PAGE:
Embryo transfer practices and multiple births resulting from assisted reproductive technology An opportunity for prevention

Almost half of ART-related multiple births result from transferring two fresh blastocysts to favorable or average-prognosis patients


Dmitry M. Kissin, M.D., M.P.H., Aniket D. Kulkarni, M.B.B.S., M.P.H., Allison Mneimneh, M.P.H., Lee Warner, Ph.D., M.P.H., Sheree L. Boulet, Dr.P.H., M.P.H., Sara Crawford, Ph.D., Denise J. Jamieson, M.D., M.P.H., for the National ART Surveillance System (NASS) group

Volume 103, Issue 4, Pages 954-961



To evaluate assisted reproductive technology (ART) ET practices in the United States and assess the impact of these practices on multiple births, which pose health risks for both mothers and infants.


Retrospective cohort analysis using the National ART Surveillance System data.


US fertility centers reporting to the National ART Surveillance System.


Noncanceled ART cycles conducted in the United States in 2012.



Main Outcome Measure(s):

Multiple birth (birth of two or more infants, at least one of whom was live-born).


Of 134,381 ART transfer cycles performed in 2012, 51,262 resulted in live births, of which 13,563 (26.5%) were multiple births: 13,123 twin and 440 triplet and higher order births. Almost half (46.1%) of these multiple births resulted from the following four cycle types: two fresh blastocyst transfers among favorable or average prognosis patients less than 35 years (1,931 and 1,341 multiple births, respectively), two fresh blastocyst transfers among donor-oocyte recipients (1,532 multiple births), and two frozen/thawed ETs among patients less than 35 years (1,452 multiple births). More than half of triplet or higher order births resulted from the transfer of two embryos (52.5% of births among fresh autologous transfers, 67.2% of births among donor-oocyte recipient transfers, and 42.9% among frozen/thawed autologous transfers).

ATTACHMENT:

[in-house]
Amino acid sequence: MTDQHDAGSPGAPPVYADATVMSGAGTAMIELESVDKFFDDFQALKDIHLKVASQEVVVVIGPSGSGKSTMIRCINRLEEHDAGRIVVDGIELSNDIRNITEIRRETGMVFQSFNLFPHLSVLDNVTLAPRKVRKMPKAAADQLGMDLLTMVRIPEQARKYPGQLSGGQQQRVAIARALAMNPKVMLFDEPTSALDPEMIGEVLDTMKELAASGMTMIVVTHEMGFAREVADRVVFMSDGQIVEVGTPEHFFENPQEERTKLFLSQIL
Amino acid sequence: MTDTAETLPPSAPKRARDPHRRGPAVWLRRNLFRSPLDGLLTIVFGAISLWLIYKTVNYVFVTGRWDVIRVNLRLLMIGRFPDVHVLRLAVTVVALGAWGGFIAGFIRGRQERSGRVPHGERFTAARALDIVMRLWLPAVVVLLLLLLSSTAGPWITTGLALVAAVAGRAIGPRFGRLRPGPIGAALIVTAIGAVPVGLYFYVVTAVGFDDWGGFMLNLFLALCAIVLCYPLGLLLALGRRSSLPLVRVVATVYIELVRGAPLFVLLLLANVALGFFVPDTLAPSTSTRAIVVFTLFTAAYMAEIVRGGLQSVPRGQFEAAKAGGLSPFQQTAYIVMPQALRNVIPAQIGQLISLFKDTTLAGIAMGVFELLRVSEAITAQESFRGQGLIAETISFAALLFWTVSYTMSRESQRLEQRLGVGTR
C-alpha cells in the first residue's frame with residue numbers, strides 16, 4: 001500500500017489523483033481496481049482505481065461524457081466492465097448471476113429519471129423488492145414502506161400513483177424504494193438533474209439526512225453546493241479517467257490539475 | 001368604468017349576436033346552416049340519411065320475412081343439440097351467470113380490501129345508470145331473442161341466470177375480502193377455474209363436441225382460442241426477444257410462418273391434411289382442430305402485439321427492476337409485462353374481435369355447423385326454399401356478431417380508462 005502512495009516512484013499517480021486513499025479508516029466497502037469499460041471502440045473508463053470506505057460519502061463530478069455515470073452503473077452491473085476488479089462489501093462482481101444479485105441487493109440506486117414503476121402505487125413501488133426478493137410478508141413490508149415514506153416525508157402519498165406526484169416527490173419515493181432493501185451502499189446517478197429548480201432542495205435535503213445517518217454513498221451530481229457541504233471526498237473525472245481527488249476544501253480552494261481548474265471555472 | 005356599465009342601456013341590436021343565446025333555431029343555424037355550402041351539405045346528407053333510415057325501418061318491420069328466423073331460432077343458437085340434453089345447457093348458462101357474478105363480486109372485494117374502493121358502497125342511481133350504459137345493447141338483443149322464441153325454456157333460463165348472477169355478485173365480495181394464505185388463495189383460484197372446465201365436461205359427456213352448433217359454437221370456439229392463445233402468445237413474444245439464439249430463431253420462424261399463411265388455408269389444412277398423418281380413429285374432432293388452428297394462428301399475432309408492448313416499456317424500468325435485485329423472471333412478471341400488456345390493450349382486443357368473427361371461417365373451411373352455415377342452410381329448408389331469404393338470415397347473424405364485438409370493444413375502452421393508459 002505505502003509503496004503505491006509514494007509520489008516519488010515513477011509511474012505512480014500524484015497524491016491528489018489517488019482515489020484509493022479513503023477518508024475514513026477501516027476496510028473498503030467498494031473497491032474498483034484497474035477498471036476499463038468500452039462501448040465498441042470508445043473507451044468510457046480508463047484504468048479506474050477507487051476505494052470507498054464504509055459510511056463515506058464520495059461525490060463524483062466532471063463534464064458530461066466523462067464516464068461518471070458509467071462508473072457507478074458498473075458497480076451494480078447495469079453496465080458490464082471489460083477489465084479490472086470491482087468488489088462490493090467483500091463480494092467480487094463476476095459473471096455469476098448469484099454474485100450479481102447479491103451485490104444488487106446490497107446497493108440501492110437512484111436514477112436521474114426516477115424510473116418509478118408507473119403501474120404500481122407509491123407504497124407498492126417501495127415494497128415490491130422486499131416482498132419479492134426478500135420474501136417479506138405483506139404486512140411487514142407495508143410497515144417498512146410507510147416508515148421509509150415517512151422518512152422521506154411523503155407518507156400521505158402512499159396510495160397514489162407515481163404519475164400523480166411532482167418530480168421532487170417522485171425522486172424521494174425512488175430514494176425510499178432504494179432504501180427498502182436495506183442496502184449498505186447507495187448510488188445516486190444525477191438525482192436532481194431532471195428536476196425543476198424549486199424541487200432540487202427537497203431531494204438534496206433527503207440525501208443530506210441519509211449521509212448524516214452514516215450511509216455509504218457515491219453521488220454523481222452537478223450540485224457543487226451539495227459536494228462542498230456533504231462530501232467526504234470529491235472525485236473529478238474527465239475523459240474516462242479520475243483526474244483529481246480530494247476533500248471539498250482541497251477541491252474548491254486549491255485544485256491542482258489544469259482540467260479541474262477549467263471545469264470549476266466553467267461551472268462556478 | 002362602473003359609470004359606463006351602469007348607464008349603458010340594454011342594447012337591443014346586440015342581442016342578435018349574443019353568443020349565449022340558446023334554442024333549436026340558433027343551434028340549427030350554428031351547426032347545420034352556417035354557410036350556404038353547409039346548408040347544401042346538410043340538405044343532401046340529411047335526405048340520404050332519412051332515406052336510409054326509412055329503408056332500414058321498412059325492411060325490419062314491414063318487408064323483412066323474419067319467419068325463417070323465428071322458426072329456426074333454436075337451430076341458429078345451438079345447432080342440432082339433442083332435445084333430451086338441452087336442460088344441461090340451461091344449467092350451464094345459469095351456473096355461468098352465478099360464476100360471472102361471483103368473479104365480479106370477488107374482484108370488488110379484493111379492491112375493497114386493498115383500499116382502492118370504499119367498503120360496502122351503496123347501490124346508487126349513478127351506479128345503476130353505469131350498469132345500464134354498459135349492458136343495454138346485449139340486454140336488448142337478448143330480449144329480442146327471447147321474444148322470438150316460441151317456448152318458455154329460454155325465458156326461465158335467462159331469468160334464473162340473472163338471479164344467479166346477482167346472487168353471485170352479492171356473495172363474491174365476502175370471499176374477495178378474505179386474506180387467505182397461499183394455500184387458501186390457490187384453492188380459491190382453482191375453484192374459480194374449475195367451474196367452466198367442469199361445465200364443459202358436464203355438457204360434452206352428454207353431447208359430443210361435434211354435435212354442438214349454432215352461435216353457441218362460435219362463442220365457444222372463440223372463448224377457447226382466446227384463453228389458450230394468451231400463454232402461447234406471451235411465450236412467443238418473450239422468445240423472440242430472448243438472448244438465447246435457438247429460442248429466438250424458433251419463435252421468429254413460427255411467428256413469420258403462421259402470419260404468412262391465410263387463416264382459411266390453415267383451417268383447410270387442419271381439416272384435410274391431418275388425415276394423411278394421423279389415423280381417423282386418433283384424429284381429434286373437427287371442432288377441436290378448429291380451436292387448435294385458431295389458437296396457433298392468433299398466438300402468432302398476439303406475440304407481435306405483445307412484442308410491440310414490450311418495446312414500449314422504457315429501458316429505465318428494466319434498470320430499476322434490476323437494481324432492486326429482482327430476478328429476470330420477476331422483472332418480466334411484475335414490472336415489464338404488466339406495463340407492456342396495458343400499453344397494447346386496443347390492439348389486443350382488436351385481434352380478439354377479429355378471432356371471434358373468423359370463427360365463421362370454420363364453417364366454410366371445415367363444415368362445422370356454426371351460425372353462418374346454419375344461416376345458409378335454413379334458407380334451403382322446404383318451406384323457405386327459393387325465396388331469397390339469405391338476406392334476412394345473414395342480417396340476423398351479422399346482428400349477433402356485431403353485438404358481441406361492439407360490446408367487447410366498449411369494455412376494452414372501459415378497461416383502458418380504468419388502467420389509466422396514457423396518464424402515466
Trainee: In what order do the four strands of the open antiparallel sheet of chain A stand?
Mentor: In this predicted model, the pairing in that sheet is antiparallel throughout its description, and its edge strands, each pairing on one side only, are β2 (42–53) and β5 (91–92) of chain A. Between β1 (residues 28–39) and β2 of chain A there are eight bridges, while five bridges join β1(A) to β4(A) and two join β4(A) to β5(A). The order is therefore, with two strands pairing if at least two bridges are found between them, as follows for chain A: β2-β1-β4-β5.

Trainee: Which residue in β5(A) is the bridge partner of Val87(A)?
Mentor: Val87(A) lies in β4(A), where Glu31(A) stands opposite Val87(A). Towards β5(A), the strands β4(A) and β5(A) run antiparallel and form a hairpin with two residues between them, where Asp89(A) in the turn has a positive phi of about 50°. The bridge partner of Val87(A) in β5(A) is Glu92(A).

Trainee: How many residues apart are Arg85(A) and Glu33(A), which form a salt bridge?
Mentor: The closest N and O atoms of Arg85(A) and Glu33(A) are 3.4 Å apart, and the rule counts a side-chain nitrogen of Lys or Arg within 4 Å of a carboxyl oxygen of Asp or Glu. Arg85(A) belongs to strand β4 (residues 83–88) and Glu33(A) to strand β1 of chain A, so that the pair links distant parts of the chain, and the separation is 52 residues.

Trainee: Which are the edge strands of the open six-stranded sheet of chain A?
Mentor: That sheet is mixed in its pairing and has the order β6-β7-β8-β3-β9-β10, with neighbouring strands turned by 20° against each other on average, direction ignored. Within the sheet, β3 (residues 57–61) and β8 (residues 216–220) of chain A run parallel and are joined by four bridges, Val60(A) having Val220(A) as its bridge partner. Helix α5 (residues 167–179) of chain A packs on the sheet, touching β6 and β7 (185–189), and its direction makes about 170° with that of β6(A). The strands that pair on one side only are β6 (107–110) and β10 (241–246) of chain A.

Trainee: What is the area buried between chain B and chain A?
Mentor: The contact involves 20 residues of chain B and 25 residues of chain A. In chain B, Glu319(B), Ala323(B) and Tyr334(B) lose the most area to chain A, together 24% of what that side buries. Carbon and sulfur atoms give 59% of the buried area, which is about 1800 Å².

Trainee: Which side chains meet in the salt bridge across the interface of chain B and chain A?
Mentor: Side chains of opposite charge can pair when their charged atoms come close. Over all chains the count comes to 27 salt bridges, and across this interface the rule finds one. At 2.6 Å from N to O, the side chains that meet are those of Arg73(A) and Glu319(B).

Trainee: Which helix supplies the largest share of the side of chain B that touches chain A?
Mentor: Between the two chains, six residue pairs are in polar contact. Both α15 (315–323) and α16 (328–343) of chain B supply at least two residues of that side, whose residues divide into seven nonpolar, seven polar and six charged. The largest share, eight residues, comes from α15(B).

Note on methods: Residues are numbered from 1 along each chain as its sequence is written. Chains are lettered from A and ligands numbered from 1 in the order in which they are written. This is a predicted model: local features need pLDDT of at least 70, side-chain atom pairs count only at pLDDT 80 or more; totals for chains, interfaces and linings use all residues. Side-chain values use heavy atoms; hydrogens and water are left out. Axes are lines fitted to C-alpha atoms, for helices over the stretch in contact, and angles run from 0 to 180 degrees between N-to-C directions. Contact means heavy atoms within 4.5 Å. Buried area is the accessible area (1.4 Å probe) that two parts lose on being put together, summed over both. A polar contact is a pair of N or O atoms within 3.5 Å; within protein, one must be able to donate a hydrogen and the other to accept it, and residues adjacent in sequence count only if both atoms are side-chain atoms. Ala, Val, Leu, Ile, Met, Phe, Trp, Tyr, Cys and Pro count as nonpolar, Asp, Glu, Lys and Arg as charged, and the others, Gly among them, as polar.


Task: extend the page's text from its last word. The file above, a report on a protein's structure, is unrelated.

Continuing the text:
A substantial reduction of ART-related multiple (both twin and triplet or higher order) births in the United States could be achieved by single blastocyst transfers among favorable and average prognosis patients less than 35 years of age and donor-oocyte recipients.

Read the full text at: http://www.fertstert.org/article/S0015-0282(14)02558-8/fulltext

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